A new study from the Texas A&M Health Institute of Biosciences and Technology suggests that…
The milestone was marked with a daylong seminar and celebratory lunch highlighting the institute’s high-impact research
The Texas A&M Health Institute of Biosciences and Technology (IBT) celebrated 30 years of its presence in the Texas Medical Center at the Alkek Building this month. To honor this milestone, the institute hosted a daylong seminar highlighting its research and a celebratory lunch on Oct. 13.
“We are very proud of the research and innovations that have come out of the Texas A&M Institute of Bioscience and Technology,” said Kenneth Ramos, MD, PhD, executive director of the institute. “This celebration is not only about our research but also about our students, faculty and staff who have been dedicated to making the IBT a top-tier research facility.”
Addressing critical issues in biomedicine and health care, the IBT has fostered collaboration with researchers both within the Texas A&M University System and the Texas Medical Center, including institutions such as University of Texas Health, MD Anderson Cancer Center, Baylor College of Medicine, the University of Houston, and Rice University. Offering seven technology core facilities, the IBT and its research partners conduct research in advanced cellular and molecular imaging, bioinformatics, epigenomics, genomics, high-throughput drug screening and analysis, molecular modeling, precision medicine, and much more with state-of-the-art equipment and facilities.
Showcasing the institute’s research, the seminar featured IBT researchers Clifford Stephan, PhD, Yubin Zhou, MD, PhD, Reid Powell, PhD, Weijia Luo, PhD, and Yun “Nancy” Huang, MD, PhD. The speakers highlighted research ranging from the development of new therapeutics to epigenetic regulation. The seminar was capped off by a roundtable discussion with guest moderator and former IBT Director Cheryl Walker, PhD, from Baylor College of Medicine, discussing the opportunities and challenges of conducting research at satellite campuses.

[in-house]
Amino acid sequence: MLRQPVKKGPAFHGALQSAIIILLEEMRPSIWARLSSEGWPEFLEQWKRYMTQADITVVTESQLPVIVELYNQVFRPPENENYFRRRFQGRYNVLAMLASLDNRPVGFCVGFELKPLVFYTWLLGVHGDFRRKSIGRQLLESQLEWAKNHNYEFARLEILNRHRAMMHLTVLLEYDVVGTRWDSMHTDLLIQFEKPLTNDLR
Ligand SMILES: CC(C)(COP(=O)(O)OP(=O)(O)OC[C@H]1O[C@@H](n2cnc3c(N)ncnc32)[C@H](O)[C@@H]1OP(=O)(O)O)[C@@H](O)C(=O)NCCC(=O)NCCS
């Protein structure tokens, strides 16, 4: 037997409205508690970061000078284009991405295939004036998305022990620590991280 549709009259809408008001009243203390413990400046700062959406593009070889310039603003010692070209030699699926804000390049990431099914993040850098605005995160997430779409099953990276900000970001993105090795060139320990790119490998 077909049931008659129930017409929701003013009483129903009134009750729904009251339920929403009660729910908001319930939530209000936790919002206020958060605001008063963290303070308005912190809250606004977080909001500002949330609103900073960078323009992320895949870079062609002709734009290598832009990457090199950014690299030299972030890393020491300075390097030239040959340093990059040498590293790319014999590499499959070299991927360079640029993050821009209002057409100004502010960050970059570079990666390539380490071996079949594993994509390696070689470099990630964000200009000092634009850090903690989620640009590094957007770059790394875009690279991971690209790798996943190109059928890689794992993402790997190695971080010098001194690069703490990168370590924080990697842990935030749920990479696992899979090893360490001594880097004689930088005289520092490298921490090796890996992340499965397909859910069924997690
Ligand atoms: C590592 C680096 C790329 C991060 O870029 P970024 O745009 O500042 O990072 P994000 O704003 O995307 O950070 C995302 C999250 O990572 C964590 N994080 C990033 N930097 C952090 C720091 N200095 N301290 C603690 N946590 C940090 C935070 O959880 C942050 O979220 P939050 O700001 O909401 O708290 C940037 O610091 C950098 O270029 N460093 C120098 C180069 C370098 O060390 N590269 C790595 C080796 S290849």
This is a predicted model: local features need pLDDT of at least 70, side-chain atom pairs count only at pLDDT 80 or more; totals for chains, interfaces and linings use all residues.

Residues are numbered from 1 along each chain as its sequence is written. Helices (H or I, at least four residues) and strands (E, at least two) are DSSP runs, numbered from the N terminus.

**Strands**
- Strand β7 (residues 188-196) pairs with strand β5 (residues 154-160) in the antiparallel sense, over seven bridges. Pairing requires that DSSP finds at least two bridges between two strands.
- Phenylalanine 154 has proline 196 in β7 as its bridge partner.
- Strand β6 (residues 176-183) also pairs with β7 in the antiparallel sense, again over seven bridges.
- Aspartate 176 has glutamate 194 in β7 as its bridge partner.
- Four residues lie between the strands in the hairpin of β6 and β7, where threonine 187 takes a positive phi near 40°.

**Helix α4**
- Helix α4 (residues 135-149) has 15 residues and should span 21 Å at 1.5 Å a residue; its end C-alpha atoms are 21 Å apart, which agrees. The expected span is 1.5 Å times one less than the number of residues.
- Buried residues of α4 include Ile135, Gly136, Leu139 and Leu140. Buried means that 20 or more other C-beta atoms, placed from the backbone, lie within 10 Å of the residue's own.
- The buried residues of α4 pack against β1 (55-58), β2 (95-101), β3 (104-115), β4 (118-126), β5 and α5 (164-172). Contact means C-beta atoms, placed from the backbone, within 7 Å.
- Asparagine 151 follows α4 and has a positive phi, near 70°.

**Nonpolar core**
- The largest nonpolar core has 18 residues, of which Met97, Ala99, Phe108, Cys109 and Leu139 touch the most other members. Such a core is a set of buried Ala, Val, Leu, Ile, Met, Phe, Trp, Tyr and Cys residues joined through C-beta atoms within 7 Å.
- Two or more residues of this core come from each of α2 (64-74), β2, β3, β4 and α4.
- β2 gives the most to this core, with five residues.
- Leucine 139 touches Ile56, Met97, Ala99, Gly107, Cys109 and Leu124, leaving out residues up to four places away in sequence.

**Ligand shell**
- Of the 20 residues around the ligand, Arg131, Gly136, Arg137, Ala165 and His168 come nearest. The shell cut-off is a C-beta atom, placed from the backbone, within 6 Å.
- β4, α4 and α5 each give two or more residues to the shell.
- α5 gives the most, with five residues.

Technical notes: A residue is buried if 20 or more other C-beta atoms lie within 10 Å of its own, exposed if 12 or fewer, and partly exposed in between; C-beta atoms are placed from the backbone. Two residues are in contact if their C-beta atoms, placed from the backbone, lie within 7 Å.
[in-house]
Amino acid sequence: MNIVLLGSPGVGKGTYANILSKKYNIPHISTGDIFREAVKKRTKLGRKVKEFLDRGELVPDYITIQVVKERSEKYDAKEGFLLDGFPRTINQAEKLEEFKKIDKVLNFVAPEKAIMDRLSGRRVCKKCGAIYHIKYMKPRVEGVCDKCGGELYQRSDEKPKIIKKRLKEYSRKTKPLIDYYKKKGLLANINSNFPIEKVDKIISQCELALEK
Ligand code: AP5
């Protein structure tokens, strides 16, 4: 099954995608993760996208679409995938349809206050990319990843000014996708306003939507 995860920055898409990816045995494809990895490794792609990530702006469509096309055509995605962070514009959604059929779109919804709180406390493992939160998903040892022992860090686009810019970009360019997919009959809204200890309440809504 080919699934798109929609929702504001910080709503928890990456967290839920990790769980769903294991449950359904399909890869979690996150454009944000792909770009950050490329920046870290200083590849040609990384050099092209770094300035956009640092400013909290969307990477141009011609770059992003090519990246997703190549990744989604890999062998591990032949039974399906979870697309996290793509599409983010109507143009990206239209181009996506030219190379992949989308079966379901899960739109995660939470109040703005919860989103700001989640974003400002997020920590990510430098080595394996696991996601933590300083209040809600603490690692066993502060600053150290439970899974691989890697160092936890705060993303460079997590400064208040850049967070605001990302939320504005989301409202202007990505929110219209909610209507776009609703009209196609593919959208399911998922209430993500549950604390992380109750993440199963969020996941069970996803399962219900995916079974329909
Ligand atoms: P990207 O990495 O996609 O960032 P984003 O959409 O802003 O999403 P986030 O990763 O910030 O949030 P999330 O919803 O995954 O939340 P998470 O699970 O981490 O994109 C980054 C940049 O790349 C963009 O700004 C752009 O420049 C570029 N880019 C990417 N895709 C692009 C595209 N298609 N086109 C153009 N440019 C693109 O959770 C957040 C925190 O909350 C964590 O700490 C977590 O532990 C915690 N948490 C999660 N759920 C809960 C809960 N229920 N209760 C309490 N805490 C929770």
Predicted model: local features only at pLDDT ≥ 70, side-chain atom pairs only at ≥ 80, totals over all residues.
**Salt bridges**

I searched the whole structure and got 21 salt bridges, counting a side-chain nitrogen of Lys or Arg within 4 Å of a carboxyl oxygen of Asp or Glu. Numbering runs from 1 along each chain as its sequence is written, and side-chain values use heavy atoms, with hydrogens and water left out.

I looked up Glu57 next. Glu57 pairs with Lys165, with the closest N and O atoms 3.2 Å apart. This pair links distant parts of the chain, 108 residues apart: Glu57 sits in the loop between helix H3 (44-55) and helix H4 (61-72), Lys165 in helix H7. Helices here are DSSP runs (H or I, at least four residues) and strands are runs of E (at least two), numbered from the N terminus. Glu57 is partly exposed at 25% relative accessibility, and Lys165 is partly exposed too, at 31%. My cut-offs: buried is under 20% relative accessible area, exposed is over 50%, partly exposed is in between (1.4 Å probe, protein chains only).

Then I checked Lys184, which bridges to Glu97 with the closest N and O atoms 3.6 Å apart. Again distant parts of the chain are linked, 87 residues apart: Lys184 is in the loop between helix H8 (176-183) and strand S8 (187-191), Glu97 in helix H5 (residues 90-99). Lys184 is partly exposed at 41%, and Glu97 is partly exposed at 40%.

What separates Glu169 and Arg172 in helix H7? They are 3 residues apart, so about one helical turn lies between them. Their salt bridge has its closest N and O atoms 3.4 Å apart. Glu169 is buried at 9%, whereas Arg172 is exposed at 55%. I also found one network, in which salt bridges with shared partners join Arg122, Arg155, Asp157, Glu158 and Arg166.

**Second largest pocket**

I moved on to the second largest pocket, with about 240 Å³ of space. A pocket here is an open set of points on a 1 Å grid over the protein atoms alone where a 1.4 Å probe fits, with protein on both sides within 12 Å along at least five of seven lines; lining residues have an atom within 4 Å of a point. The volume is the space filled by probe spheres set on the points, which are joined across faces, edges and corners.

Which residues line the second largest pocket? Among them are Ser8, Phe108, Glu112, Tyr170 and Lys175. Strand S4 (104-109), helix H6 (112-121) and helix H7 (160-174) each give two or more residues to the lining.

The celebratory lunch highlighted the past, present and future role of IBT in shaping the research landscape at the Texas Medical Center. John Sharp, chancellor of The Texas A&M University System, Greg Hartman, chief operating officer and senior vice president of Texas A&M University, Jon Mogford, chief operating officer and senior vice president of Texas A&M Health, and Isaac Middleton, chief operating officer of the Texas Medical Center, were guest speakers.
Other special guests included Alan Sams, PhD, interim provost of Texas A&M University, Robert Schwartz, PhD, former director of IBT, partners from the multi-institutional Gulf Coast Consortium and representatives from Texas A&M University Innovation Partners.
The 11-story Texas A&M Alkek building was built in the Texas Medical Center through a generous donation from the philanthropist Albert B. Alkek. Dedicated in 1992, the Alkek Building has been home to the Institute of Biosciences and Technology and established a foundation for innovation and research within Texas A&M Health.
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